“The company’s infrastructure sustained major damages as a result of the aforementioned hurricanes, with hurricane force winds bringing down the main telecommunication tower on the roof of the Philipsburg location,” the company said in a statement.
UTS, which operates in the Dutch Antilles, said it would not switch the 2G network back on again due to the malfunction of key network components.
The company added that its legacy WiMax fixed wireless network had also suffered considerable damage and the company is looking at options to migrate customers on that network to an LTE-based solution.
UTS said that all sites had suffered some sort of damage and that currently 14 out of 29 mobile sites are up and running again and 14 of 40 broadband sites are back on, the latter using PMP450 technology.

Hurricane Maria causes telecoms blackouts in US Caribbean territories – Dominica, Virgin Islands

Some 95.2% and 76.6% of mobile cell sites are out of service in Puerto Rico and the US Virgin Islands, respectively, as a result of damage caused by Hurricane Maria, according to a report from the US Federal Communications Commission (FCC).
The report, dated September 21, compiled information reported to the FCC Disaster Information Reporting System (DIRS), though said that the status update was incomplete because not all providers have reported to the DIRS.
At the time the report was published, in Puerto Rico, 48 out of 78 counties had 100% of their cell sites out of service, while in the US Virgin Islands, 60% of all sites were down.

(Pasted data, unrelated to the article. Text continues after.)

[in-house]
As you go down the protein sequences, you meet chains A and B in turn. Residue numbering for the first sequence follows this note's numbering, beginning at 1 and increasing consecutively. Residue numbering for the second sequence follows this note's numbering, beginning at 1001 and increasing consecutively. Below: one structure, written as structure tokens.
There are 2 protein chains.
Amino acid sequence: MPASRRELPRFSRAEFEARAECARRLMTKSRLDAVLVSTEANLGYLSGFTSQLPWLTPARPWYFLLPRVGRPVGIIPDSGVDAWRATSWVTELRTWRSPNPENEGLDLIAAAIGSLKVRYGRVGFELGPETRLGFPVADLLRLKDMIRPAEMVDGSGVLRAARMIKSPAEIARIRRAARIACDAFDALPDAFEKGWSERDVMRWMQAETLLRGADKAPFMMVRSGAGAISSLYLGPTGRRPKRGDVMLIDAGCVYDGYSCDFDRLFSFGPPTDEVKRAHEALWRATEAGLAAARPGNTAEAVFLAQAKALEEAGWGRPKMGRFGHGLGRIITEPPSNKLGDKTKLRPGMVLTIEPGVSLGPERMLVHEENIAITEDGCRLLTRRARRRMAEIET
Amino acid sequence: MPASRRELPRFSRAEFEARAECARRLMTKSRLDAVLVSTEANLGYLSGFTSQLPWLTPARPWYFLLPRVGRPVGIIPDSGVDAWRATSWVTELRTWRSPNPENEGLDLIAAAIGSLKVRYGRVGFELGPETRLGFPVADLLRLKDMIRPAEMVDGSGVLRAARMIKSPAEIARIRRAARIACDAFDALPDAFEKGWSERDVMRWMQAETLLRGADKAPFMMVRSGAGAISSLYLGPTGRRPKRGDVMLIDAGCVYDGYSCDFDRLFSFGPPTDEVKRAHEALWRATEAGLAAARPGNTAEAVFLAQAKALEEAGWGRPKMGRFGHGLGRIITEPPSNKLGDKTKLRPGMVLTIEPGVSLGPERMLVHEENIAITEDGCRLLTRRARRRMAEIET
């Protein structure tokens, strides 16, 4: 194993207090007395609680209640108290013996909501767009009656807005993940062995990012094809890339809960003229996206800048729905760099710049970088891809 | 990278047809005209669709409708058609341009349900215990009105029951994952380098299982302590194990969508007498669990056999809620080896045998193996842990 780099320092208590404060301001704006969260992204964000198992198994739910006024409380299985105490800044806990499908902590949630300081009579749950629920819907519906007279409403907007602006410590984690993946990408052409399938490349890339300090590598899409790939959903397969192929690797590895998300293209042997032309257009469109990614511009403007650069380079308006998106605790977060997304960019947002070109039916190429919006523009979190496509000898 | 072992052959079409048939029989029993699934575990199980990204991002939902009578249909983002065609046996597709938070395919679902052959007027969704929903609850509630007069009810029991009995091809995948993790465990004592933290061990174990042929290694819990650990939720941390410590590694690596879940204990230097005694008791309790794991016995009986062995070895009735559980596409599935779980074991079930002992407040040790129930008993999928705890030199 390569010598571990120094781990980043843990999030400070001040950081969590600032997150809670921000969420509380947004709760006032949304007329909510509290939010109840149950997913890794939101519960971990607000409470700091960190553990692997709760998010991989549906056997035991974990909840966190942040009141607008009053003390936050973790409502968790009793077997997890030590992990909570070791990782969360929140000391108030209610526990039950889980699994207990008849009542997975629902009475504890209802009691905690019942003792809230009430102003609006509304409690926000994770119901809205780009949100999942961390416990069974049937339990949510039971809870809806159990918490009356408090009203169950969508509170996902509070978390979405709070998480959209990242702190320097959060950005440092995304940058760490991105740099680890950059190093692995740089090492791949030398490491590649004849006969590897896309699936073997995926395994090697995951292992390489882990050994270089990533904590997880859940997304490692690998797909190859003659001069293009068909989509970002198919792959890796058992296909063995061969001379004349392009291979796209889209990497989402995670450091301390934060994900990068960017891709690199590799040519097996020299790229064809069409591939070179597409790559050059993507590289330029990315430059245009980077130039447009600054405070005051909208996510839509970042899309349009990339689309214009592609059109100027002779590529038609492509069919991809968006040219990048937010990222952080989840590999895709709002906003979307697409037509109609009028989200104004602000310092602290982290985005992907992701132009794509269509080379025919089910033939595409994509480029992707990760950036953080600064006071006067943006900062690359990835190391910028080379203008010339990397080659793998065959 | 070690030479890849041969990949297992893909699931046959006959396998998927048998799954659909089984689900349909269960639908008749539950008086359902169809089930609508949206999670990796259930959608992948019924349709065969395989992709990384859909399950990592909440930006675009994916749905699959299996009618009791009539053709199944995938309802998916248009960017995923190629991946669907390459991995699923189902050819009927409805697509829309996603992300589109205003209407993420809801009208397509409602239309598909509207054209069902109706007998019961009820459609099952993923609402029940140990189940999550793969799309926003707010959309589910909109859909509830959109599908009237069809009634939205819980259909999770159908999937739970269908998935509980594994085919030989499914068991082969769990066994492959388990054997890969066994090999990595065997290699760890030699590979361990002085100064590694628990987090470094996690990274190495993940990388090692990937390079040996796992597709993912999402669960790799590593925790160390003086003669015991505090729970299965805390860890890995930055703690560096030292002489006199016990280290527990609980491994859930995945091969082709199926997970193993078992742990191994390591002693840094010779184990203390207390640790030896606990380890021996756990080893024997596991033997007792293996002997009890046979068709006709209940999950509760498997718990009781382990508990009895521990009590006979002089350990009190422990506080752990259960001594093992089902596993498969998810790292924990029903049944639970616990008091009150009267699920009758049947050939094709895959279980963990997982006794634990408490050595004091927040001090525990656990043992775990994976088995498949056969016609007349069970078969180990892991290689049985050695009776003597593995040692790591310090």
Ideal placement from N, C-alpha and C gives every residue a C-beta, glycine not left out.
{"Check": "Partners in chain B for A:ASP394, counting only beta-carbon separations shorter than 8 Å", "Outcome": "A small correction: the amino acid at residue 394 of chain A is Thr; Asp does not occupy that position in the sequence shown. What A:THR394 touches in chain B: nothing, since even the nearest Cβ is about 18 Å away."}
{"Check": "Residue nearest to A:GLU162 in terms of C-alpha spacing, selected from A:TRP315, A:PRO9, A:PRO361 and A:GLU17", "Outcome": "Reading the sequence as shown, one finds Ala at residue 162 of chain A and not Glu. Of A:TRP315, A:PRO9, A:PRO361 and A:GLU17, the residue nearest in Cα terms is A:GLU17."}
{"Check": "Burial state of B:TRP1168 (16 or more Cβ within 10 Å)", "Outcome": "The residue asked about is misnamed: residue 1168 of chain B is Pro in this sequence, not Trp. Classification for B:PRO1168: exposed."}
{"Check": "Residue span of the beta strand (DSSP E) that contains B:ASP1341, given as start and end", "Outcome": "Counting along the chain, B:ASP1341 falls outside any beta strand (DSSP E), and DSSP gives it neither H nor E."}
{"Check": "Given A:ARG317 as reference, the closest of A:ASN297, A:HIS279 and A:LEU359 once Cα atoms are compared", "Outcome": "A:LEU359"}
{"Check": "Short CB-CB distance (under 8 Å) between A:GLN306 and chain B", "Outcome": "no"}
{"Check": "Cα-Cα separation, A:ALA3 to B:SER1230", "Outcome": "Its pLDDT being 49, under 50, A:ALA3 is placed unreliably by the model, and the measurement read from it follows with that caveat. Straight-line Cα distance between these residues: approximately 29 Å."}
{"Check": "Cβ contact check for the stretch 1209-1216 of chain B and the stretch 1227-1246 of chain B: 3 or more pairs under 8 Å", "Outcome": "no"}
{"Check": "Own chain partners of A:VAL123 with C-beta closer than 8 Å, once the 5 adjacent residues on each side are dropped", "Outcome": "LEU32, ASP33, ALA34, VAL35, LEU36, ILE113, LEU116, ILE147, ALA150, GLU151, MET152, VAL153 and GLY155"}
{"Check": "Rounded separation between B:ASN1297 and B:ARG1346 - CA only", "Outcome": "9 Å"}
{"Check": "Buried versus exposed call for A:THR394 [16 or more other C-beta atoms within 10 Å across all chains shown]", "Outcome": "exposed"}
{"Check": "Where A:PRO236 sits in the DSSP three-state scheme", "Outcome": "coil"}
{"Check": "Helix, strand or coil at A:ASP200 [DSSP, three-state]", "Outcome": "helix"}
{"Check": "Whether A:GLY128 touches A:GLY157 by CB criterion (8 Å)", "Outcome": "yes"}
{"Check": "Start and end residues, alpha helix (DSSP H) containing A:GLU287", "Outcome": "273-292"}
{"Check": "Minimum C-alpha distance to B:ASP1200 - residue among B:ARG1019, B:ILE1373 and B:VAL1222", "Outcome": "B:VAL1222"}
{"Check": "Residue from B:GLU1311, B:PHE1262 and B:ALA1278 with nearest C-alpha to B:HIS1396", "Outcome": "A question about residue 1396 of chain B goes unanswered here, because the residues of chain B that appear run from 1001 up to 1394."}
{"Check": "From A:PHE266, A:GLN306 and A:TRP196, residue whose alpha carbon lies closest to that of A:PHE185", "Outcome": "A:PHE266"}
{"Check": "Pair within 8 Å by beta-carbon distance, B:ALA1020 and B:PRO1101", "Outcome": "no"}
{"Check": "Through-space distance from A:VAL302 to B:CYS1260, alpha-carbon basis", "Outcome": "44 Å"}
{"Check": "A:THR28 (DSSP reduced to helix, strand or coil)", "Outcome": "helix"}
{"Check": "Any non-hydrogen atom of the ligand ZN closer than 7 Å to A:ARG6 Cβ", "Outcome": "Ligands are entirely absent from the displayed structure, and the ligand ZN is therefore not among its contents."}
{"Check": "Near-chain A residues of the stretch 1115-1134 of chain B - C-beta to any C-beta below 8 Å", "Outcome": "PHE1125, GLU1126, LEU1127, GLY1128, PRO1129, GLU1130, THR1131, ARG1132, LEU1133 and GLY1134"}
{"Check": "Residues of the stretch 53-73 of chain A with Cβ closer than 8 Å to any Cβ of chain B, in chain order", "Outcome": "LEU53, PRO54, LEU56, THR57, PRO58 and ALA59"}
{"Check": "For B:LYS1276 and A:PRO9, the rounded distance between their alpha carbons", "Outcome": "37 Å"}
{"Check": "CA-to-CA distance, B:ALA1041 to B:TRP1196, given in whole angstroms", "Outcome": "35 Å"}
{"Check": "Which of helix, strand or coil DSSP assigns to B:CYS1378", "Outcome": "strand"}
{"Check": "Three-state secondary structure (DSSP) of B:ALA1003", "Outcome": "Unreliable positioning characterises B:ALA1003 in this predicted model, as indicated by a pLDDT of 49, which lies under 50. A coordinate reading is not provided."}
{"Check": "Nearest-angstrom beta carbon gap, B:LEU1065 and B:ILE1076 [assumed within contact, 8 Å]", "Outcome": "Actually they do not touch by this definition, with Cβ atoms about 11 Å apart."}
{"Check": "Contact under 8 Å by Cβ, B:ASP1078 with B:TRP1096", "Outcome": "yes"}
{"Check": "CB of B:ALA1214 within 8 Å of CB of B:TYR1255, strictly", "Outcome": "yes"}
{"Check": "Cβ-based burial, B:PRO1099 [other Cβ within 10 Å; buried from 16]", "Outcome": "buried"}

The FCC has also received reports that large numbers of consumers are without cable or wireline services.
In related news, Cable & Wireless Communications said on Thursday that it had partially restored the mobile network on the island of Dominica, which was hit by the category 5 hurricane on Monday.
Customers with access to internet were advised to monitor social media and listen to local radio stations for updates on restoration efforts.
Competitor Digicel said in a statement on Friday that it was sending supplies and technical equipment and personnel to Dominica from neighboring St Lucia.
“As soon as we had clearance, we immediately dispatched additional technical, engineering and rigging teams to Dominica, and they are currently working around the clock to restore coverage,” said Vanessa Slowey, CEO for Digicel Caribbean and Central America.
The impact of Hurricane Maria has also been felt in Brazil, with damage to the Sparkle submarine cable, which connects Brazil to the US via the Caribbean.

Hurricane Maria disrupts communications to South America – Regional

The trail of destruction caused by Hurricane Maria in the Caribbean caused disruptions to communications to and from South America.